$5 – for item #29 – the printing of the bottle labels to sell air in public.
I scavenged coupons, post-it notes, empty and dried water bottles, posterboard, cardboard panel, Flash costume, Superman cape, index cards, Sharpie markers, orphaned socks from my vast collection as well as using my Twitter, my WordPress, and of course, my ever willing family.
At the end of the week, I bagged up all of my leftovers to save for next year.
The hunt isn’t just about winning, although winning would be nice. It’s about teamwork, camaraderie, using what resources we have, reusing items we’re saving or getting ready to throw away, supporting some worthy charities, bringing important information to people who wouldn’t normally see it (like stroke signs and the Syrian refugee crisis, and potable drinking water even in our own country), plus thinking outside the box and trying new things.
Fun and service don’t have to cost a lot of money to make a difference.
Take today and be extraordinary!
Gishwhes for 2016 has ended, and it’s taken me these two days to recover-ish. I’ve got 99% of my leftovers in a bag for next year or for supplying the kids for craft projects that they come up with for the rest of the summer and into the new school year.
Second year in a row that we’ve had a phenomenal team. We had eight returning teammates and of the new seven members, we had only one MIA.
We’re named Brave Little Ants, which is a Supernatural reference. We’ve managed to find a boatload of motivational ant graphics, highlighting their strength and teamwork.
What is Gishwhes?
It’s one of those things that if you can concisely explain it, you’re inevitably leaving something out. I’ve tried for two years to write a thirty-second elevator pitch and failed each time. Sharing the website is even more confusing if you have no idea what you’re looking at.
When you register for gishwhes, you’re money goes towards the grand prize (this year is a trip to Iceland with actor Misha Collins for the winning team) and to the non-profit charity, Random Acts, created by Misha in 2011.
What you’re registering for is the Greatest International Scavenger Hunt the World Has Ever Seen. You either form a team of fifteen members or you register and are assigned a team before the hunt starts. Sometimes you’ve never met these people, either in person or online. The hunt begins when the item list is released at midnight. Which time zone is often a question, but this year’s dates are July 30th through August 6th. There are over two hundred items, and more are often added during the week of the hunt. You’re expected to check the updates page daily. Sometimes items are eliminated or modified. You’re not expected to complete them all; just as many as you can.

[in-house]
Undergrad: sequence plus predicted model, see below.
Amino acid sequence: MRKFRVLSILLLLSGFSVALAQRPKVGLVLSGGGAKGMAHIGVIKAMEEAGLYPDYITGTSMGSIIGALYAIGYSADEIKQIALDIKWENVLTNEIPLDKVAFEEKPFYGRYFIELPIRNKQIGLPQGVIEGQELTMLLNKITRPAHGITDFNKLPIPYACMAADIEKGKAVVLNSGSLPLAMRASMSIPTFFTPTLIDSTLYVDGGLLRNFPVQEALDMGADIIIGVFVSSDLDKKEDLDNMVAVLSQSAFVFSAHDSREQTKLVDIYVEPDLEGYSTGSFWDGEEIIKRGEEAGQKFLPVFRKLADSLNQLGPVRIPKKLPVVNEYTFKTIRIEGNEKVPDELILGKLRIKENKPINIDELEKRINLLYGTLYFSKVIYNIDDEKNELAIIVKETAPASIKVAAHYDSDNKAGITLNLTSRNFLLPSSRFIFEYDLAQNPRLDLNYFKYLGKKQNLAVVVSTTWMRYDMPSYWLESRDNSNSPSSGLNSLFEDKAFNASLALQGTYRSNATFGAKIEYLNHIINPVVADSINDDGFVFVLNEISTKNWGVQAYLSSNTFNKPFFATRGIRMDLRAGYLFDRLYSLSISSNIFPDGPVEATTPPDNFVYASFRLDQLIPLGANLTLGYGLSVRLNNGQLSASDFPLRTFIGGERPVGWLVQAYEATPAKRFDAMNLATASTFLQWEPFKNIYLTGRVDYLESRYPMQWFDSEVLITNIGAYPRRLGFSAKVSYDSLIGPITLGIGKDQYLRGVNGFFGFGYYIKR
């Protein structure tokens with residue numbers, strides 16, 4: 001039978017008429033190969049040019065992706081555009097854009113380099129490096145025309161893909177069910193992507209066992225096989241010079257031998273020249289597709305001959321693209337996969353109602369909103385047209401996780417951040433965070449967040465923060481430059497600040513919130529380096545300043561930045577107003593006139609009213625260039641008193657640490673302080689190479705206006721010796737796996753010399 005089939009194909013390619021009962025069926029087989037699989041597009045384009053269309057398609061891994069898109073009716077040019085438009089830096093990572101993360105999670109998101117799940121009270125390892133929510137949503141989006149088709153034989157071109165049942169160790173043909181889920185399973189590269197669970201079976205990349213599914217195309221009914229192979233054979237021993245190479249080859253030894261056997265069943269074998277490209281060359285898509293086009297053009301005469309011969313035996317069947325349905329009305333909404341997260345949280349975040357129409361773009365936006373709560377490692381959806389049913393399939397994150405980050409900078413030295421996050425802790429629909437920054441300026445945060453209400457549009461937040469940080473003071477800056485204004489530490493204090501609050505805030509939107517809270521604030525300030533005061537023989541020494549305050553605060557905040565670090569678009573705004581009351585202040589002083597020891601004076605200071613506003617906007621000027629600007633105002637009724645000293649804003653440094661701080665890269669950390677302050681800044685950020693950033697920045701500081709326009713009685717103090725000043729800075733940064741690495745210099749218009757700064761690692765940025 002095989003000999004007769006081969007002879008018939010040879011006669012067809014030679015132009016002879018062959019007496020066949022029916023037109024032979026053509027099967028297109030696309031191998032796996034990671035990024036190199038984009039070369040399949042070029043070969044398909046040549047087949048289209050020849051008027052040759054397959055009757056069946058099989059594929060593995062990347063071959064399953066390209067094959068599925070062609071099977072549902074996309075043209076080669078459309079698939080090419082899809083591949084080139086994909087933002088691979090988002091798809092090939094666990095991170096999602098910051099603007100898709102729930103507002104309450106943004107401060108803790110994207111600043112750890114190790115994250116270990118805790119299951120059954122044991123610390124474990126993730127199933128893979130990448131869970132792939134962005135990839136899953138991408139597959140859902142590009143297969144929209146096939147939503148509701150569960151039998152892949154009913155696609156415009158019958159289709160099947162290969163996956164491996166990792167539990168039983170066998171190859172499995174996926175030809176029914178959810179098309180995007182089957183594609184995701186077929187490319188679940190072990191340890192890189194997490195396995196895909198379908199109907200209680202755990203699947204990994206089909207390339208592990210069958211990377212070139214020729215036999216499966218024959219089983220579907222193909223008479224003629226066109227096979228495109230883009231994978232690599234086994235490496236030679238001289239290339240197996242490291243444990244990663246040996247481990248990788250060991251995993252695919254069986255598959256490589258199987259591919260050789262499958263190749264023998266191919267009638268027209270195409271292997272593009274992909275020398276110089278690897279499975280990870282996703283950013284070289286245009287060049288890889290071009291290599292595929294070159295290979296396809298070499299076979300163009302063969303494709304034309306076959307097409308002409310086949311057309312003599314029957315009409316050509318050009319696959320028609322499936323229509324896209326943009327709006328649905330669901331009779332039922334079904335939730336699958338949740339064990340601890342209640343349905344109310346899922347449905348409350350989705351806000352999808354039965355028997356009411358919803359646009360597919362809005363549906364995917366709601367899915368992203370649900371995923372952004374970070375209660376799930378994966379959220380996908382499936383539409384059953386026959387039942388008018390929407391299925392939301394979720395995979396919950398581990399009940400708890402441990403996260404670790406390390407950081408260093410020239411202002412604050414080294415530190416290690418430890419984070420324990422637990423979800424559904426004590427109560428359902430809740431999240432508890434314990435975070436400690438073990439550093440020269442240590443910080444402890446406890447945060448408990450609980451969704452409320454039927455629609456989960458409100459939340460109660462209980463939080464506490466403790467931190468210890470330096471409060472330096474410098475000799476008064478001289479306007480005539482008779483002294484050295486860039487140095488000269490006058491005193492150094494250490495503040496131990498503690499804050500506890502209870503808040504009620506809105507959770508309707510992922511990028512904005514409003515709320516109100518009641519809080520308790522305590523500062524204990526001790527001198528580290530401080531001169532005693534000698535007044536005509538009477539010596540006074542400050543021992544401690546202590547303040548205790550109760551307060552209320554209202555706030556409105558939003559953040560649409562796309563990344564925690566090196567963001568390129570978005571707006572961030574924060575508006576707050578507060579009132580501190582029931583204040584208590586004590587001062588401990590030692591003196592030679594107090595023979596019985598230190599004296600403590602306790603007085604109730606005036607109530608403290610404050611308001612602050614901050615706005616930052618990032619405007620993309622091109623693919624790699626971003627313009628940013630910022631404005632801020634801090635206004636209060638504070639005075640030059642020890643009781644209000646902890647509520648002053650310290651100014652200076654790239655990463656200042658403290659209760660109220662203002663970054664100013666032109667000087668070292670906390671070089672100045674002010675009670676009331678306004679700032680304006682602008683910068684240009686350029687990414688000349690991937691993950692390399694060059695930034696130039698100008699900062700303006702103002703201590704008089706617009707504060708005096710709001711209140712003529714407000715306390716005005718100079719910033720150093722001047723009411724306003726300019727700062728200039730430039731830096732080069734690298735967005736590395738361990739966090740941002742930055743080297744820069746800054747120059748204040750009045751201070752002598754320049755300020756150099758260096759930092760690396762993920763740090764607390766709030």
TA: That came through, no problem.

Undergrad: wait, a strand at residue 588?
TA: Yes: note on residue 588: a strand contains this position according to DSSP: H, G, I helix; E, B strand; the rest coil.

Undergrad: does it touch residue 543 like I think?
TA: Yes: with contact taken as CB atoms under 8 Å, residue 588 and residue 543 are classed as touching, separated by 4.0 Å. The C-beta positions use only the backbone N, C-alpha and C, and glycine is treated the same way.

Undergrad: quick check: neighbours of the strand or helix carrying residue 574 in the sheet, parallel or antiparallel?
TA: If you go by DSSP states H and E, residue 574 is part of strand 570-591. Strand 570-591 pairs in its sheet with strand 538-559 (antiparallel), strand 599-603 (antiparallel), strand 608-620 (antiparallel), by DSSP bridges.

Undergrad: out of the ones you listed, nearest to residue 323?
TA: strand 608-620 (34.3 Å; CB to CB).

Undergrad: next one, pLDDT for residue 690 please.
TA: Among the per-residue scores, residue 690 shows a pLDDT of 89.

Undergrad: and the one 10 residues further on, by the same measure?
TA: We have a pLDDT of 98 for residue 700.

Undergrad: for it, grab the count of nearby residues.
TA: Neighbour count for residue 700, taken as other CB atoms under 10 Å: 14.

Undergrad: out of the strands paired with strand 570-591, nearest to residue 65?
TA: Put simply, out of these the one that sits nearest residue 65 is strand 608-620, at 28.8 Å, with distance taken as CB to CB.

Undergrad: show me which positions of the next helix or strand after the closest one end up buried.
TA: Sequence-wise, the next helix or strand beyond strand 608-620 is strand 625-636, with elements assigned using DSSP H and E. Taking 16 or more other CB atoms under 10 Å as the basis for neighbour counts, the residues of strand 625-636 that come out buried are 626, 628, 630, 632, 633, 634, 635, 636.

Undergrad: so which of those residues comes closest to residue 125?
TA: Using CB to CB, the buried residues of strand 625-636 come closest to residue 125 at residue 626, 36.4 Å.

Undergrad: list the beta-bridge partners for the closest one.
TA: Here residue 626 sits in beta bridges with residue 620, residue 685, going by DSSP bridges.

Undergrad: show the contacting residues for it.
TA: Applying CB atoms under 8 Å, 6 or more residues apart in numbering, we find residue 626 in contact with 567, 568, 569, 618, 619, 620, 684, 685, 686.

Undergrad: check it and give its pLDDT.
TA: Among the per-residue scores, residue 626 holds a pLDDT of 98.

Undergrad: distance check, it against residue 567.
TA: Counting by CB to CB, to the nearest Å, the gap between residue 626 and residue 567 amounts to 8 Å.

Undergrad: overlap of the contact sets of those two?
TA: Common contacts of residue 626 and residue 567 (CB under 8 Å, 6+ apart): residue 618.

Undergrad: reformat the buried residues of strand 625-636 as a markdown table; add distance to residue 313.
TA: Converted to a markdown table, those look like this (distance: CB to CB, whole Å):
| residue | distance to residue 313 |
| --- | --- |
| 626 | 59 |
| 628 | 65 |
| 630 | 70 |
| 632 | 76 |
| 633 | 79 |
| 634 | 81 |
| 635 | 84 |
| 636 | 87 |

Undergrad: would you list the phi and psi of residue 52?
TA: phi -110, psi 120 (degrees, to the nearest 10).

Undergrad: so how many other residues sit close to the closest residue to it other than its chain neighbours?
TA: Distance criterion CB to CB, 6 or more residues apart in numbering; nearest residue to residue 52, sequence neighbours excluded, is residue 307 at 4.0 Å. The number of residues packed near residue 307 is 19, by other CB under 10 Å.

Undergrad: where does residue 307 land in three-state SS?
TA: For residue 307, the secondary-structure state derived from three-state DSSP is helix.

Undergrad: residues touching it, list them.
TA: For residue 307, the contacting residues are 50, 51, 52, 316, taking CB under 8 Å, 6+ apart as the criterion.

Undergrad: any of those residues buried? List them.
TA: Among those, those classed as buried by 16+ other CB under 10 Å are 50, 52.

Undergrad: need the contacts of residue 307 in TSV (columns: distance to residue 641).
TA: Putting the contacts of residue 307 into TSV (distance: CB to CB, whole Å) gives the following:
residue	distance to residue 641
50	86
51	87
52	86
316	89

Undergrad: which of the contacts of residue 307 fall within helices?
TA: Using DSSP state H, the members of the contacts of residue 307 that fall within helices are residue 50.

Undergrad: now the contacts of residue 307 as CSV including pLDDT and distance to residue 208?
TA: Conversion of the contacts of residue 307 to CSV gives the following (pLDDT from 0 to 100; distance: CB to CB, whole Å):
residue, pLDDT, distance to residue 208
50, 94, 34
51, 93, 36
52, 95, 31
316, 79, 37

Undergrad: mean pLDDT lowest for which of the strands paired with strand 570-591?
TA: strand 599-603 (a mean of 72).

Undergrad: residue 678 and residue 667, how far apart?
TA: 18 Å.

The items are a mix of doing good deeds, random acts of kindness, tattoos, making wigs out of your own hair that you’ve shaved off, costuming, interpretive art, memorials, using unusual art supplies (Skittles, salt & pepper, condiments, etc), twitter sharing, doing an assortment of odd activities at various landmarks and filming or photographing them, but most importantly, working with people you’ve never met, figuring out how to work as a team, cooperate and compromise as well, and even more important, making new friends, and trying something new and different.
The gishwhes motto is Death 2 Normalcy. In other words, leave your comfort zone in the closet, think outside the box, put sock monkeys on your head and wonder what a Stormtrooper would do if he were laid off from the Imperial Forces.
As big in scope as the hunt is, it is also small in the everyday influences that remain with you after the hunt is over.
I often recount how many ways I did something uncomfortable (like asking strangers to let me take a photo of them hugging for the Guinness Book of World Records (2013)) or how I reused something to make something better, how I honored people that I admire (John Barrowman (2012), Leonard Nimoy (2015), my husband (2015), how I used skills I had forgotten I had (hand-sew sock monkey jewelry (2012)) or got my kids involved in ways that they complained about but ultimately loved (working at the post office (2013), having a Pasta/Jam Stand (2014), dressing as a fairy to water the garden with my son as photographer (2015).
I have resorted to collecting the cotton out of my prescription medicine containers, and popsicle sticks from our ice cream pops as well as the “swords” from the Red Robin burgers. My family knows not to throw those out now and wash them for my “Gishwhes bag”.
It’s building relationships, showing my kids that nothing is too hard or too silly, doing for others is so much better than doing for ourselves, and it’s okay to just be you.
That’s the real message of gishwhes. We’re all different, we do things differently, but we do what we can with what we have, and we’re all okay the way we are.
In five short days, Gishwhes will be here. I think I’ve done all I can to prepare, collecting assorted bits of odds and ends. I have two bags and a toiletrie kit with various and sundry items. I hope I can do well for my team. I have much less money than last year but I have just as much, if not more, enthuswiasm.
Here is a peek at some of the items we did last year. They are all my personal items except for the second collage, on the bottom of the Dinomite flying. That was done by my teammates in Denmark and was featured as a cover photo on the official Gishwhes Facebook page for several weeks.